Is ESG really necessary? US$80 trillion says it is

Above the Noise

Is ESG really necessary? US$80 trillion says it is

The days of treating ESG as a choice are numbered

It wasn’t very long ago that environmental, social and governance (ESG) matters were placed in the ‘nice but not necessary’ category when thinking about profitable investments. In other words, it was the domain of a particular – less hard-nosed – breed of investor, willing to trade returns for some more nebulous and value-tinged ends. 

Thankfully, perceptions have changed as more research on ESG has emerged. In a landmark meta-study reviewing the results of over 2,200 studies from 1970-2014, it was calculated that 90% found a neutral or positive link between ESG and corporate financial performance , and the large majority identified a positive link*.

ESG analysis is about trying to identify and evaluate areas of risk and potential opportunities that can often be overlooked in traditional financial analysis. Incorporating ESG considerations in investment analysis is not always a guarantee of better returns – as with any approach it may limit the types of companies held in the portfolio – but it does allow a clearer understanding of the risks that investors are exposed to.

It may seem obvious, but the opposite of sustainable is unsustainable. Try to argue the case for the latter.

Of the many players championing ESG in an investment context, the Principles for Responsible Investment (PRI) towers high, not least due to its formidable supporter base. The number of signatories to the PRI’s six principles has rocketed since its launch in April 2006 (from 63 to nearly 2,000) – now representing over US$80 trillion worth of assets. Yes, there is some dispersion in terms of the levels of activity of signatories – as reflected in the PRI’s annual ratings – but the broader message is clear: if you think ESG is a passing fad, think again.

 

Growing numbers of PRI signatories 

Source: PRI. Data to April 2018

Powerful platform

Martin Currie has been a PRI signatory since 2009 and experienced first-hand the benefits that a network of this size and heft can bring. While its core mission hasn’t changed, the PRI has continued to evolve with the times, and now offers a whole suite of support services for investors and asset owners, perhaps most prominently as an educational forum and a platform for collaboration.

We have participated in several of the PRI’s joint-engagement initiatives over the years, spanning various issues including fracking, employee relations and water risk. These collaborative efforts haven’t just been useful from a company-impact perspective but have provided excellent opportunities to learn and share knowledge with like-minded investors. Best practice is a moving target, and open dialogue – even with competitors – is key to staying abreast of a fast-changing world.

And we do believe it’s important to get stuck in. Last year, I joined the PRI’s ESG Engagement Advisory Committee, which, among other things, is responsible for coordinating collaborative engagements with listed companies. Our investment teams continue to lead the engagements with target companies in a couple of more recent initiatives, including cybersecurity and tax responsibility.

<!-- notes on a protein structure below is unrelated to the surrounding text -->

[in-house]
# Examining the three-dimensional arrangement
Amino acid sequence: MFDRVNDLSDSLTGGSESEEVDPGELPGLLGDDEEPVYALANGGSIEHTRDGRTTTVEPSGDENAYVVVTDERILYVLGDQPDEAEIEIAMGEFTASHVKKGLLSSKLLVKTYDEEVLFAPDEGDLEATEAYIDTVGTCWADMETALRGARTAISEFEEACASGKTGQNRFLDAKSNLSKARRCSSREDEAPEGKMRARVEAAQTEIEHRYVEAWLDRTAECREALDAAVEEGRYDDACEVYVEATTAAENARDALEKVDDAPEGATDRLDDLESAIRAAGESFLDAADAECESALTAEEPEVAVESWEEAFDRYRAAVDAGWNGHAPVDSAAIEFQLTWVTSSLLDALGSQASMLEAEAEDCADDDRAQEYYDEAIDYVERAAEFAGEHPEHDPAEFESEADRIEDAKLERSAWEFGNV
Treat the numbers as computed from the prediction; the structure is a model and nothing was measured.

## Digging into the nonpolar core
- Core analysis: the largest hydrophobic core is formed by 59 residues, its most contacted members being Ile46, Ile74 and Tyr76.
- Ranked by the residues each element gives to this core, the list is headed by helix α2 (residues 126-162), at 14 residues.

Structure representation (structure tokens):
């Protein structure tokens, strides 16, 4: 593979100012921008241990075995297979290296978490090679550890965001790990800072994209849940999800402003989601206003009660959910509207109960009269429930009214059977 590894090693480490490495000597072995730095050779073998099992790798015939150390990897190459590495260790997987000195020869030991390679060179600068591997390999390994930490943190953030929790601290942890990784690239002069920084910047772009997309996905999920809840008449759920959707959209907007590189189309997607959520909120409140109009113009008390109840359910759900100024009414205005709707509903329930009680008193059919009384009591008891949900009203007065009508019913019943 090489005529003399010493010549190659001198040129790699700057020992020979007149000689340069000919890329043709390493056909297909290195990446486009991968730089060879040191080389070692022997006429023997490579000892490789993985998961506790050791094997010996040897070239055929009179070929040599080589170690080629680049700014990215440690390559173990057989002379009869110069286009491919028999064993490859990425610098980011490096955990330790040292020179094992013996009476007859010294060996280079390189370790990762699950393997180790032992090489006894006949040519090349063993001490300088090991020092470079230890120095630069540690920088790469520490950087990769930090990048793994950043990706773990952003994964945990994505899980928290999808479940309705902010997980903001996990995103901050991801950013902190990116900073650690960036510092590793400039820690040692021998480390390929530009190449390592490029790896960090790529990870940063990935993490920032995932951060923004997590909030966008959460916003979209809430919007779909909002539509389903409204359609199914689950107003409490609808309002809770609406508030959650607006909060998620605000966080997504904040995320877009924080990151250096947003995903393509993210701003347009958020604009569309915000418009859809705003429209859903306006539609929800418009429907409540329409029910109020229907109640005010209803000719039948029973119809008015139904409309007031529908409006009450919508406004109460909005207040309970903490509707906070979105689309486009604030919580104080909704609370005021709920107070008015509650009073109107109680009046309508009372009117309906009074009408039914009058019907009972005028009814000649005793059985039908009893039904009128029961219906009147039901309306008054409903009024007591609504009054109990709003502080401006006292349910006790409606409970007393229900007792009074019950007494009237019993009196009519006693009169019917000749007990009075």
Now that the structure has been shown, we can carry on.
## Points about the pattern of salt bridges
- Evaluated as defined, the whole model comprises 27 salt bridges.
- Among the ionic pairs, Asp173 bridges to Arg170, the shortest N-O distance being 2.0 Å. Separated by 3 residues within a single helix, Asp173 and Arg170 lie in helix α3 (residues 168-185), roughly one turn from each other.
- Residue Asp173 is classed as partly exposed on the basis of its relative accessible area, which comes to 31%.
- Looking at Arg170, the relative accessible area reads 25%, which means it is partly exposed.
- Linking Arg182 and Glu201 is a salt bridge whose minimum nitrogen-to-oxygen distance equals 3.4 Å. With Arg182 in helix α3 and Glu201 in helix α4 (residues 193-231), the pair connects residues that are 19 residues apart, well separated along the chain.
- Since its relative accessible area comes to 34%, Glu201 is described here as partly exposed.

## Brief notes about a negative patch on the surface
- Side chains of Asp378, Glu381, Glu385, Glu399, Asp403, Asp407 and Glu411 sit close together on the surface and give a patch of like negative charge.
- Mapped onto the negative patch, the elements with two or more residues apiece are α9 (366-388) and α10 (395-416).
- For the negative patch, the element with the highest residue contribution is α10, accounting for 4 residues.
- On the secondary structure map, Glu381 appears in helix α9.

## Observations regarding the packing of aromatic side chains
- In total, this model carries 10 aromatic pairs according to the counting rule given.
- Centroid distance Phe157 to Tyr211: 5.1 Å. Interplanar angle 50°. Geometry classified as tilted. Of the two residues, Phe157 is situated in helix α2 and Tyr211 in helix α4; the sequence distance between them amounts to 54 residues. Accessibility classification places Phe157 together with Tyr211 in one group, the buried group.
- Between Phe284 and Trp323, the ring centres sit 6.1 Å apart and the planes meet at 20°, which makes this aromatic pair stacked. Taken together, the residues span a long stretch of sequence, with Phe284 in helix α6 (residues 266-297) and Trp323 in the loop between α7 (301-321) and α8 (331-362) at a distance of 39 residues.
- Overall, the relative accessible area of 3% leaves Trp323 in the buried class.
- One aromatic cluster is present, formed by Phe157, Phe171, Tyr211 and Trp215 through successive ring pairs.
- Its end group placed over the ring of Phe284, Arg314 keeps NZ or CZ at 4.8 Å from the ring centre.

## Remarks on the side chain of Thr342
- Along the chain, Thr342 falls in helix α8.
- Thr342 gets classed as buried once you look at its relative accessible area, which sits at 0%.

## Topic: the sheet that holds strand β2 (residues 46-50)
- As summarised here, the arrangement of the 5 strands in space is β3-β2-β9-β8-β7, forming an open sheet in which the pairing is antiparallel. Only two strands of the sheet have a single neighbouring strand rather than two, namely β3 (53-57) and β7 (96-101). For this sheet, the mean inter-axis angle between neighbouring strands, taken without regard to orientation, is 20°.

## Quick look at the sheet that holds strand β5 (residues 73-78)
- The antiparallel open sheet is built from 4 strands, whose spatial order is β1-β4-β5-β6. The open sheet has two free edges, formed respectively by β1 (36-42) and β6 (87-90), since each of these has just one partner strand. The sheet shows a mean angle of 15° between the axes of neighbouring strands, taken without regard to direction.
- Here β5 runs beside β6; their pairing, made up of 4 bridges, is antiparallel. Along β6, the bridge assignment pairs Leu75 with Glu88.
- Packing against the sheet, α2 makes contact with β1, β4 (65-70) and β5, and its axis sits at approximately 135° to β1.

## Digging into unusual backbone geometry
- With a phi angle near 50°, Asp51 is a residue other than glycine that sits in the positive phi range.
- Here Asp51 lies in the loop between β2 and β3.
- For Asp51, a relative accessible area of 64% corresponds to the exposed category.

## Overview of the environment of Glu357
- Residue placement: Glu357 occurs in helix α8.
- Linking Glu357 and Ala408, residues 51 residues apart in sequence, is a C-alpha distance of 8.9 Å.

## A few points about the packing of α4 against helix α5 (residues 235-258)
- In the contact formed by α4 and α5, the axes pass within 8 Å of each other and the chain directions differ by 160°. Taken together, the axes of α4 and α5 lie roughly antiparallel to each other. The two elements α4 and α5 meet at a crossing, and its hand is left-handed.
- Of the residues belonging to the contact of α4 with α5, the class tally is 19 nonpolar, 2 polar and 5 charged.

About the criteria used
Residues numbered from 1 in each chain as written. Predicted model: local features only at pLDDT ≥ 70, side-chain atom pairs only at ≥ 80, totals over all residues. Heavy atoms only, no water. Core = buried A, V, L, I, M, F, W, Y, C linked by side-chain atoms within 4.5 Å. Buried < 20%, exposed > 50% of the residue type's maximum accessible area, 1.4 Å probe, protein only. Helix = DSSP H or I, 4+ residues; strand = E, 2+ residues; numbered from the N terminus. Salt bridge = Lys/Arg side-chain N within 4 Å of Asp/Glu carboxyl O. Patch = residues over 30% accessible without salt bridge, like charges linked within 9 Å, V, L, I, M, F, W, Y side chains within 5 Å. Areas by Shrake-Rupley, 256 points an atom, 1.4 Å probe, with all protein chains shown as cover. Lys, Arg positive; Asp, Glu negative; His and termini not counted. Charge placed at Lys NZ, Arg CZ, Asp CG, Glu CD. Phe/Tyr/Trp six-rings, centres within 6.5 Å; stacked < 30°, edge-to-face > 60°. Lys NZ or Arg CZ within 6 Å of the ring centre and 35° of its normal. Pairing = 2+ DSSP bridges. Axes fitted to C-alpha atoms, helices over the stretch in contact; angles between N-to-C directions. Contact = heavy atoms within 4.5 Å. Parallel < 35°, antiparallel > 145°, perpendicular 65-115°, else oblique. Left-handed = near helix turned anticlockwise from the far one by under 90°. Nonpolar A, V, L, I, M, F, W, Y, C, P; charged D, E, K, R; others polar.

PRI In Person Conference 

The PRI’s flagship annual ‘in Person’ conference has become a real fixture on the investment calendar. We attended the 2018 event on 12-14 September in San Francisco, the agenda of which was carefully curated to cover the key debates facing investors with a focus on climate change, and additional sessions on diversity, barriers to ESG integration and tax transparency among other issues.

The Task Force for Climate-related Financial Disclosures (TCFD) generated much discussion. The initiative now has the support of over 500 organisations including corporates as well as asset managers and asset owners. Discussions centred on how best to tackle the different scenarios in the transition to a lower-carbon economy. The good news for investors is that there are some tools beginning to emerge, such as the Paris Agreement Capital Transition Assessment (PACTA) and the Transition Pathway Initiative (TPI) – both of which we will take a closer look at within Martin Currie’s integrated approach to ESG analysis.

There were discussions about the increasing impact of social inequality which has led to the formation of an agenda known as ‘The Just Transition’. This framework addresses the challenges that the shift to a lower-carbon economy may create for different elements of society, and is one of the ‘social’ considerations (the ‘S’ in ESG) that is increasingly coming into focus for asset owners and managers alike.

There was also debate on the increasing availability of ESG data and the use of external ESG ratings. Data consistency and reliability is still an issue – for example, there are low correlations of ratings between ESG rating providers. This suggests that there is no consensus on what ‘good’ looks like, that a strategy based on using these raw ratings is potentially flawed, and that asset managers need to do their own ESG analysis.

Finally, there were many references to regulation both with respect to increasing current regulation on responsible investment and the potential future pathways for climate-related regulation. A poll of attendees showed a large majority expect a disorderly policy response. This will be an area that we will continue to monitor closely.

It’s a hackneyed expression, but when it comes to many ESG issues we really are in the same boat, and the phenomenal traction gained by the PRI’s principles is testament to a growing consensus that these factors are of real consequence from an investment perspective.

In short, the days of treating ESG as a choice are numbered.

*Friede, Busch and Bassen, 2015

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